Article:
You may not like to network or use personal connections for business gain but your personal and professional networks likely offer considerable untapped business potential. Maybe that Facebook friend you met in college is now running a candy making business, or a LinkedIn contact of yours is connected to dozens of potential clients. Maybe your cousin or neighbor has been working in a candy factory for years and can offer invaluable insight and industry connections. 

The possibilities are endless, so it’s a good idea to review your personal and professional networks and reach out to those with possible links to or interest in candies. You’ll probably generate new customers or find companies with which you could establish a partnership. Online businesses might also consider affiliate marketing as a way to build relationships with potential partners and boost business.

Step 12: Build Your Team

Building a Team for a New Business

You can run your candy business alone during the early startup days. However, as your operations intensify, you’ll need to hire employees including:

  • Production workers — monitoring the production line to ensure maximum efficiency
  • Production manager — planning and organizing production schedules and assessing resource requirements
  • Procurement manager — managing and directing the purchasing of ingredients; identifying potential suppliers
  • Sales and marketing manager — researching and developing marketing opportunities and implementing new sales plans
  • Salespersons — providing information about your products to customers and answering specific questions regarding your candies

At some point, you may need to hire all of these positions or simply a few, depending on the size and needs of your business. You might also hire multiple workers for a single role or a single worker for multiple roles, again depending on need.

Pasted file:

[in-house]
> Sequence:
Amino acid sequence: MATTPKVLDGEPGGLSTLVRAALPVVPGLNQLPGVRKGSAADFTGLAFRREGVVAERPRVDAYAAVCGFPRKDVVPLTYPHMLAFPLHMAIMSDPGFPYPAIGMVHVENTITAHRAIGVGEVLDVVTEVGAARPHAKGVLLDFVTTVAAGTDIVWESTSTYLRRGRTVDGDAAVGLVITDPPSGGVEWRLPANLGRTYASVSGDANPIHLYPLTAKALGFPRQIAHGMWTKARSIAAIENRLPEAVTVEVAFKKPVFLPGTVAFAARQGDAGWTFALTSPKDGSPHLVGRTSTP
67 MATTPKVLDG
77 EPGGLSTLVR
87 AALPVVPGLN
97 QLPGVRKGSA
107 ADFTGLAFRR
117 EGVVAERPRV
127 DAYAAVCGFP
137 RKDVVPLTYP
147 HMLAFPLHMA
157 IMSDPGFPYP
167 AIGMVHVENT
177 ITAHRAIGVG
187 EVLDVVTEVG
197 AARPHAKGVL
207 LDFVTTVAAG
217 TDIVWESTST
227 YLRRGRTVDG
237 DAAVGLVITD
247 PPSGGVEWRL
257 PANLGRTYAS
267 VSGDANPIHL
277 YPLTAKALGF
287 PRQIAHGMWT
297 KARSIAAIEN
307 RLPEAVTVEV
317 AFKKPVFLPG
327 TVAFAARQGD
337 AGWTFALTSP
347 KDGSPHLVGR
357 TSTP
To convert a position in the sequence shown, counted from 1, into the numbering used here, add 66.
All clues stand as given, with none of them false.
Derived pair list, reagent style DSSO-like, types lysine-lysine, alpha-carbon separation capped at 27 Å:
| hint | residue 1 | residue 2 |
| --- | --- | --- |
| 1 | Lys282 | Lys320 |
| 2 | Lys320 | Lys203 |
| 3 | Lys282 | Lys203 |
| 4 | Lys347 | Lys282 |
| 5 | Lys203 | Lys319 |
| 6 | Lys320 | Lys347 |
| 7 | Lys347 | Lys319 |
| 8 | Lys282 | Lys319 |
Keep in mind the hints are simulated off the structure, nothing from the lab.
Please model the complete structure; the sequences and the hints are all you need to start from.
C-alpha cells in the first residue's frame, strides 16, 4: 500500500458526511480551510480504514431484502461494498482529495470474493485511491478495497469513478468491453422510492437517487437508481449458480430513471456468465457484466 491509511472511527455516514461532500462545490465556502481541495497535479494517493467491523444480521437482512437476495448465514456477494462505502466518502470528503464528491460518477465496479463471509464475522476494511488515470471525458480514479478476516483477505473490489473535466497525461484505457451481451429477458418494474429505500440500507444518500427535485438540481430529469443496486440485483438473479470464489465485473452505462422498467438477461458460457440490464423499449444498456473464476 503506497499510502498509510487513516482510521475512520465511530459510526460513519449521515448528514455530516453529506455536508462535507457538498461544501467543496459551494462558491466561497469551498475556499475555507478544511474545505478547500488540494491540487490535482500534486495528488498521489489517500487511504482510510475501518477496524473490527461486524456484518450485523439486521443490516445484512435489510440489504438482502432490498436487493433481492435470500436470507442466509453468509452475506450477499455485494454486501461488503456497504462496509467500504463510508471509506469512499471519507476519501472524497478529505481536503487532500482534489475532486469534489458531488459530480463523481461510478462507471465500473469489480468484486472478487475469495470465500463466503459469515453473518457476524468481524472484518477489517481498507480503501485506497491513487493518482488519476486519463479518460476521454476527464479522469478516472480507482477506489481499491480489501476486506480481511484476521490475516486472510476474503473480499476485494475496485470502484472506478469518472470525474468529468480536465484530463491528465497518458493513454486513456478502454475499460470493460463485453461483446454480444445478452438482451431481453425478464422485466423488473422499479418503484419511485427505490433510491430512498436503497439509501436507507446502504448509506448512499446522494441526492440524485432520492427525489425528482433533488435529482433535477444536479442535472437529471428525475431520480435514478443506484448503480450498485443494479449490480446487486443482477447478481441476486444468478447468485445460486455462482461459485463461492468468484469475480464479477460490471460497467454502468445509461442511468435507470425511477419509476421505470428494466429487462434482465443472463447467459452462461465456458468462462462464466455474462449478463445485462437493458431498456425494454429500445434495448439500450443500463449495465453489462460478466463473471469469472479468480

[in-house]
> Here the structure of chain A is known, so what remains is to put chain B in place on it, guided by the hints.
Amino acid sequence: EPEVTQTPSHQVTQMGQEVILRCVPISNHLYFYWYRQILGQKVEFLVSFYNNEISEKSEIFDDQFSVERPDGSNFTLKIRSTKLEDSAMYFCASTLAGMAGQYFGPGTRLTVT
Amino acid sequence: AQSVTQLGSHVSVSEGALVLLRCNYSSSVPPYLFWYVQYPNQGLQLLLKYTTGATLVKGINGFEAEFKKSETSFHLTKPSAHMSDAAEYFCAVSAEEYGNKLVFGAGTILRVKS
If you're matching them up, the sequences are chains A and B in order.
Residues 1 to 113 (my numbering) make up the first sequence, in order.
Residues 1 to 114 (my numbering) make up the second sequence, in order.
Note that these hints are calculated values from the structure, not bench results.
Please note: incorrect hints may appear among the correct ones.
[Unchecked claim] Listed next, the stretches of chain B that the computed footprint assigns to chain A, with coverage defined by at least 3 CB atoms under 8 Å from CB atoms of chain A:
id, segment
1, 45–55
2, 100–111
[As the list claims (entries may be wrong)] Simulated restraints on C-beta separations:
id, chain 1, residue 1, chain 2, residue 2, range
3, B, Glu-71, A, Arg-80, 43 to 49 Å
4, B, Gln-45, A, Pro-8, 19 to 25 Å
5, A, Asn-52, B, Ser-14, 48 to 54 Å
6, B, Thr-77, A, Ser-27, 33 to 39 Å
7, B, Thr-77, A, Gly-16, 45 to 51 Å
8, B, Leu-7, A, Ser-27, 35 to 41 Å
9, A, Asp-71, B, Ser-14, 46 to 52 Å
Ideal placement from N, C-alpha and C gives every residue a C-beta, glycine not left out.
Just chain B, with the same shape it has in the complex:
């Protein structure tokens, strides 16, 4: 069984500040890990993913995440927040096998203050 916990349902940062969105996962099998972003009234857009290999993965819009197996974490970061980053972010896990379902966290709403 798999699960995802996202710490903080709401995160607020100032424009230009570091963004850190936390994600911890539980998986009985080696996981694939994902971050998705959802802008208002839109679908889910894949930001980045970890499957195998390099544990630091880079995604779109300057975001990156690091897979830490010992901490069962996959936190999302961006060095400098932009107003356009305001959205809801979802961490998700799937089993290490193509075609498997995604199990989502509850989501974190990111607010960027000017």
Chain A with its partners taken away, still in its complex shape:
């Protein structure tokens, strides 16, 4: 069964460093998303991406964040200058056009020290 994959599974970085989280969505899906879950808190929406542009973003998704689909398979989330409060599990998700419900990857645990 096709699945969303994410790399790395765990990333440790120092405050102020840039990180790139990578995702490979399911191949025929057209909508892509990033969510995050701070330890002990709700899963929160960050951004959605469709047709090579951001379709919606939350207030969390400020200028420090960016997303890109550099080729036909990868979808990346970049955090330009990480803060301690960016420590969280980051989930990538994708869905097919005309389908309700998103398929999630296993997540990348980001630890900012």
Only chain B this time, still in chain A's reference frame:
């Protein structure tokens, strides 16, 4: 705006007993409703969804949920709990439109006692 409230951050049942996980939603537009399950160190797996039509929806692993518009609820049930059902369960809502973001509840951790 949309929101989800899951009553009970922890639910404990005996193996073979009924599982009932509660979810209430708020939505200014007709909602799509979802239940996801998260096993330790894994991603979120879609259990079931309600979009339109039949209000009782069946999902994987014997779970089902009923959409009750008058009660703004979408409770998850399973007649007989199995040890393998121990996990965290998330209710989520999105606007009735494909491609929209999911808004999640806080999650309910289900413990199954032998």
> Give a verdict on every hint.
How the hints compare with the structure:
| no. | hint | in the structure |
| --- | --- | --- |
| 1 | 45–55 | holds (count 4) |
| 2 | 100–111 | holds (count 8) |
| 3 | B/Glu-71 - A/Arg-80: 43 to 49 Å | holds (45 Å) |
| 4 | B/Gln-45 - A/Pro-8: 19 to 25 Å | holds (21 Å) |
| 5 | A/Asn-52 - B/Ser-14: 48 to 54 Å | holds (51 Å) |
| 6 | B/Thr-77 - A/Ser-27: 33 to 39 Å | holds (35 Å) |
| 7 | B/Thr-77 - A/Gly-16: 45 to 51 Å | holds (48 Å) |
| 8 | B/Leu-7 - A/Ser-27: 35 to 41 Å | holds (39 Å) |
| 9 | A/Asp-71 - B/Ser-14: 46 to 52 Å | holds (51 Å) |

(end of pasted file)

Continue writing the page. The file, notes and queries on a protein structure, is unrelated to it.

Free-of-charge methods to recruit employees include posting ads on popular platforms such as LinkedIn, Facebook, or Jobs.com. You might also consider a premium recruitment option, such as advertising on Indeed, Glassdoor, or ZipRecruiter. Further, if you have the resources, you could consider hiring a recruitment agency to help you find talent.

Step 13: Run a Candy Making Business — Start Making Money

Running a Business

Once you start production, you can try to attract prospective B2B clients and retail customers by giving out free samples of your products. Or, you can give free samples ahead of festivities such as Halloween and Easter. 

Remember to maintain a strong online presence, especially on social media. You can slash marketing costs by promoting your products through your social media posts. It’s a good idea to post regularly and to always include a great photo or engaging video clip that will trigger impulse purchases.

It’s all systems go! Your candy making business is now ready to start generating some revenue. 

Candy Business FAQs

Is a candy business profitable?

Yes, primarily due to the high demand for candy. According to statistics, Americans spent about $25 per year on candies a couple of decades ago. Now, they spend $25 for Halloween alone! That’s exceptional demand right there!

How can I create a unique brand identity for my candy business?

To create a unique brand identity for your candy business, identify your target audience and differentiate your products. Develop a clear brand voice and visuals, and use social media to connect with customers. Collaborate with influencers, host events, and partner with other brands. Prioritize high-quality products and excellent customer service to build loyalty and enhance your brand.

How can I legally sell homemade candy?

Selling homemade candy isn’t illegal in the United States. However, you must comply with the state and federal licenses and permits requirements. Check with your state for specific regulations. Also, you’ll need to abide by FDA’s requirements for food businesses.

Is it illegal to resell candy?

No, it’s not illegal to resell candy. You’re at liberty to do whatever you want with your candy once you’ve bought it from a retailer or wholesaler. However, rebranding or relabeling candy is illegal unless you have the manufacturer’s consent.

Do candy shops make money?

Yes, they do. Candy shops generate revenue by buying stock from manufacturers at a competitive price and reselling it to consumers at a profit. What’s more, candy shops adopt a relatively simple business model. As a result, they don’t incur high labor or production costs, further improving their bottom line.


Leave a Reply

Your email address will not be published. Required fields are marked *

How to Start a Candy Making Business